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linearity of true class AB and pseudo class AB opamps - which one is better and why?


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Oct 29, 2013
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As the title suggests, please help me understand this. I am not able to find suitable material over the internet on this topic.
In design, I am finding that the IIP3 of a true class AB opamp is worser than a pseudo class AB stage for similar power dissipation.
In design, I am finding that the IIP3 of a true class AB opamp is worser than a pseudo class AB stage for similar power dissipation.
Linearity is quite a topic itself, while your statement is tricky to judge without investigation of your results.
What do you mean by true and pseudo class-AB stage? Is pseudo one, the class A bias structure with AC coupling for signal?

In general, input differential pair has non-linear transconductance, current mirror has limited linear range and conversion to output voltage is done on nonlinear current source. What makes OPAMP linear, is a negative feedback configuration, suppressing input signal swing by gain of amplifier, so changes of operating points of each device inside opamp are so small that we considering their higher-order terms as negligible.

And now is the first point. If we consider class-AB biasing (lets look on Monticelli's as is very common), for quiescent conditions opamp achieves minimum gain (first stage load is a sources of floating current source structure, so OL gain is like single stage only), which is boosted at high output load case (floating current source become high impedance for signal and gain can be doubled in dB).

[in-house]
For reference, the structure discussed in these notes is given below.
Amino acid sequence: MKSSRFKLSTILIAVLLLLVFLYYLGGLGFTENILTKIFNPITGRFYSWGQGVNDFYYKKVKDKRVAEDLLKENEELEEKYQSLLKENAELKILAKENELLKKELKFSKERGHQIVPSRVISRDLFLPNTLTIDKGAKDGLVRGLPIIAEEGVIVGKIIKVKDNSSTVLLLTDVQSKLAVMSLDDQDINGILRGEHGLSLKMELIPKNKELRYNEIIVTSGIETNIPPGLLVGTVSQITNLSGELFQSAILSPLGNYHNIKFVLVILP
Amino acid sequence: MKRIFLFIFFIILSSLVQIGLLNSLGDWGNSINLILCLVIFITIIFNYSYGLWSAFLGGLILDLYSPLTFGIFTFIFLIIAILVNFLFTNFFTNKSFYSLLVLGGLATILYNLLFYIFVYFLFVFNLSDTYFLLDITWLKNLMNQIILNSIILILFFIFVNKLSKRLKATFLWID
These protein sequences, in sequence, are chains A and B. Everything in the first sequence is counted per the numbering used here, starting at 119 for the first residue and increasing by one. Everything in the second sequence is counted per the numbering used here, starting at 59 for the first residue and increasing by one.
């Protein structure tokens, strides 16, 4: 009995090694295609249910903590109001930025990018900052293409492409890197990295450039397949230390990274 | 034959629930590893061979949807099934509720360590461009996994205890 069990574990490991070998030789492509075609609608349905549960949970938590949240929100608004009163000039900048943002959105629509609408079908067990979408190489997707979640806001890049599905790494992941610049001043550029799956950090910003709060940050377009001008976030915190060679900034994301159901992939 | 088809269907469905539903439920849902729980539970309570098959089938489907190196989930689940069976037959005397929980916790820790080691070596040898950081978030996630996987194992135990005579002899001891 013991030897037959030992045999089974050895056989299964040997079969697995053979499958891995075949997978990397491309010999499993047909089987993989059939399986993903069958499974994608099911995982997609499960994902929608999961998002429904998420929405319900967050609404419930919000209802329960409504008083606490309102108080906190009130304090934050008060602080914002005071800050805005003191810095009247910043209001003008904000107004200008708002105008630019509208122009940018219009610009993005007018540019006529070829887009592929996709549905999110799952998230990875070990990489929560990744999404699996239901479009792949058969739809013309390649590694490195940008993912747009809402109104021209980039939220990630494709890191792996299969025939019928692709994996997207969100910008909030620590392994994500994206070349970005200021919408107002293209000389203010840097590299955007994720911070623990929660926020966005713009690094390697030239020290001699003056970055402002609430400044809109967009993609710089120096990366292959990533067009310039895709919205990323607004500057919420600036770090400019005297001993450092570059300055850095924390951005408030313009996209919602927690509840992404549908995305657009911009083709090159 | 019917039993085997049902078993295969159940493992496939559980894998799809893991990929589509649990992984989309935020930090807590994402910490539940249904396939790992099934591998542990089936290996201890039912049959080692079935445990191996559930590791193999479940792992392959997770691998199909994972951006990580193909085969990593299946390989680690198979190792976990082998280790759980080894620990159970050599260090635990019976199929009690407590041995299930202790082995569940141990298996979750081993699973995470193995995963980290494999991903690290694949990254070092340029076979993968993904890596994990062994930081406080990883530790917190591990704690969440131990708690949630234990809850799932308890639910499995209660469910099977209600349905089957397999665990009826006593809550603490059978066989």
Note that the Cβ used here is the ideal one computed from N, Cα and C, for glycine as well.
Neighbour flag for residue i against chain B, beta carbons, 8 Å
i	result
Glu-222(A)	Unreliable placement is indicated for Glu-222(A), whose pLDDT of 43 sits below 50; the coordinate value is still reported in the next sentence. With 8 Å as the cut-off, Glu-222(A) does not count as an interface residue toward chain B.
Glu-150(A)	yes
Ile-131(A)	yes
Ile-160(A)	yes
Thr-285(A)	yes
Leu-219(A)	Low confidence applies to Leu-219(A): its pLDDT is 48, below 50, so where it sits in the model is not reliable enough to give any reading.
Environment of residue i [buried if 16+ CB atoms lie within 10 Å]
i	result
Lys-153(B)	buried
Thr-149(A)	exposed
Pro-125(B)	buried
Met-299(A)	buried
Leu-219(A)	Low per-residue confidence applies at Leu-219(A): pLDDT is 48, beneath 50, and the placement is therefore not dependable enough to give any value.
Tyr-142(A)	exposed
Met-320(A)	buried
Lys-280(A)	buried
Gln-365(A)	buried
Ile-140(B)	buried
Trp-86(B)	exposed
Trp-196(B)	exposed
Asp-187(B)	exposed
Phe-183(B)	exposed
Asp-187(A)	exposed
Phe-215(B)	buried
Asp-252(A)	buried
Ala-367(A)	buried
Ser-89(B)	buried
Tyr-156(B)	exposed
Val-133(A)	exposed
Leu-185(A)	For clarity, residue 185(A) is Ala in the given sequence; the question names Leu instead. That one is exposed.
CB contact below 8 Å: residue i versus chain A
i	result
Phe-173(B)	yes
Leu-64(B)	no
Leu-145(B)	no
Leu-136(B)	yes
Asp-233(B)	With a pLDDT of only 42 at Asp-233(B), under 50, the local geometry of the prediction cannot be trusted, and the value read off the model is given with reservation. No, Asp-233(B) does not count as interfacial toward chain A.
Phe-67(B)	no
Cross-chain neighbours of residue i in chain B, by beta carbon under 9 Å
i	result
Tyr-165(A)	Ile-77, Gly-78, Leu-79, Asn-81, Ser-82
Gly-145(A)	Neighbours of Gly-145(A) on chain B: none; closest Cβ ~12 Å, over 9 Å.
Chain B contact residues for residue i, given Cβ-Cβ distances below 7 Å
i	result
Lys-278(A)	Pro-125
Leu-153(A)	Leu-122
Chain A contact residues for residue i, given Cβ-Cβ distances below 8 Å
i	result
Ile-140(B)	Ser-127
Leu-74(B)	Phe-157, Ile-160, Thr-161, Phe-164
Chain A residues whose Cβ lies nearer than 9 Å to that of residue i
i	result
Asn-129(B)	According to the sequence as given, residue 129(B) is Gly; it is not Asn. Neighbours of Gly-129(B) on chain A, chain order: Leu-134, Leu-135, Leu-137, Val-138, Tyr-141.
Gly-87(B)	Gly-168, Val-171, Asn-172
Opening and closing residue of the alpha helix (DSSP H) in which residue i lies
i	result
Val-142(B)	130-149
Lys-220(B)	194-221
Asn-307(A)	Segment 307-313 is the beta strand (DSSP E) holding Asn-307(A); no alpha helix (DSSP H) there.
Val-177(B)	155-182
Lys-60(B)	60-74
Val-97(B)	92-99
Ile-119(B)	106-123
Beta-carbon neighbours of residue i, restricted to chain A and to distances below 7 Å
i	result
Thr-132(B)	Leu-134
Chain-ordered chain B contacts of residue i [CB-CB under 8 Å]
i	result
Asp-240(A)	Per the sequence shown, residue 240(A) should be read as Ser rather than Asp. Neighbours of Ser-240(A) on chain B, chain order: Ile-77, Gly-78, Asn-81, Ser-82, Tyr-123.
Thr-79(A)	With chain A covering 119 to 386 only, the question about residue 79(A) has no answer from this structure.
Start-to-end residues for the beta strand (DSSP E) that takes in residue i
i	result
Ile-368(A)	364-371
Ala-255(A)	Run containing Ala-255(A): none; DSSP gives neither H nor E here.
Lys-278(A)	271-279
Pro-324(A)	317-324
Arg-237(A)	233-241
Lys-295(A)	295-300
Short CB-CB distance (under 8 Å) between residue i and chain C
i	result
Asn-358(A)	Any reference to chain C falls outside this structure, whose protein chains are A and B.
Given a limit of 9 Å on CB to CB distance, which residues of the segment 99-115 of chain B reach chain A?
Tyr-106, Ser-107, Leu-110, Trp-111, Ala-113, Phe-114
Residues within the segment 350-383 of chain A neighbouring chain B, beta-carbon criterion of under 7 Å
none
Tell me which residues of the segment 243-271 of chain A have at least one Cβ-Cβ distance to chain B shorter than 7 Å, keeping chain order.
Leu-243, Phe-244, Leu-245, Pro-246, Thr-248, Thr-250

So, if we suppose that the main source of nonlinearity is input differential pair, class-AB opamp has an extra nonlinear term related to gain variability with signal.
However, it can be different story for different class-AB solutions.
IIP3 isn't specifically a linearity figure, rather specifying large signal behaviour, e.g. undistorted voltage swing.

I also doubt that "pseudo class AB" is a commonly understood technical term or even specifying an unique topology, there are only a few papers dealing with it.
CMOS drivers seem to be given unique names and compared with BJT drivers may result in some confusion will need references to relate to some of us "old dogs" to learn new tricks.

Both enhanced FET and bipolar currents have 2nd behaviors yet we think of 3rd order dominant distortion in transistors which is only due to clipping. IIP3 which mainly applied to RF amplifiers for linear regression from the 3rd order intercept with 1f at high output in order to limit high power distortion. The degree of Class A is mainly due to the rise in hFE with rising current such that inverting the signal and comparing the peaks clearly shows the amplitude difference in % which closely matches %THD.

In Class B for PNP and NPN in addition to crossover has distortion is due to the mismatch of hFE in these drivers and thus in AB drivers Rout=Rin/hFE differences are often reduced by adding a fixed power Re to each emitter to more normalize the differences. This also improves risks of thermal runaway when many same devices are put in parallel with NTC thermal effects. Of course Class AB crossover distortion is minimized with a minimal constant current to prevent the starving of device current which results in load regulated distortion and it's effect on output impedance during polarity transitions which is most noticeable at low signal levels.

I have yet to see IIP3 applied to Op Amps but if it is linear with output current near max power then it would be useful. Some Op Amps have UHF BW and others have 0.5A drive capability.
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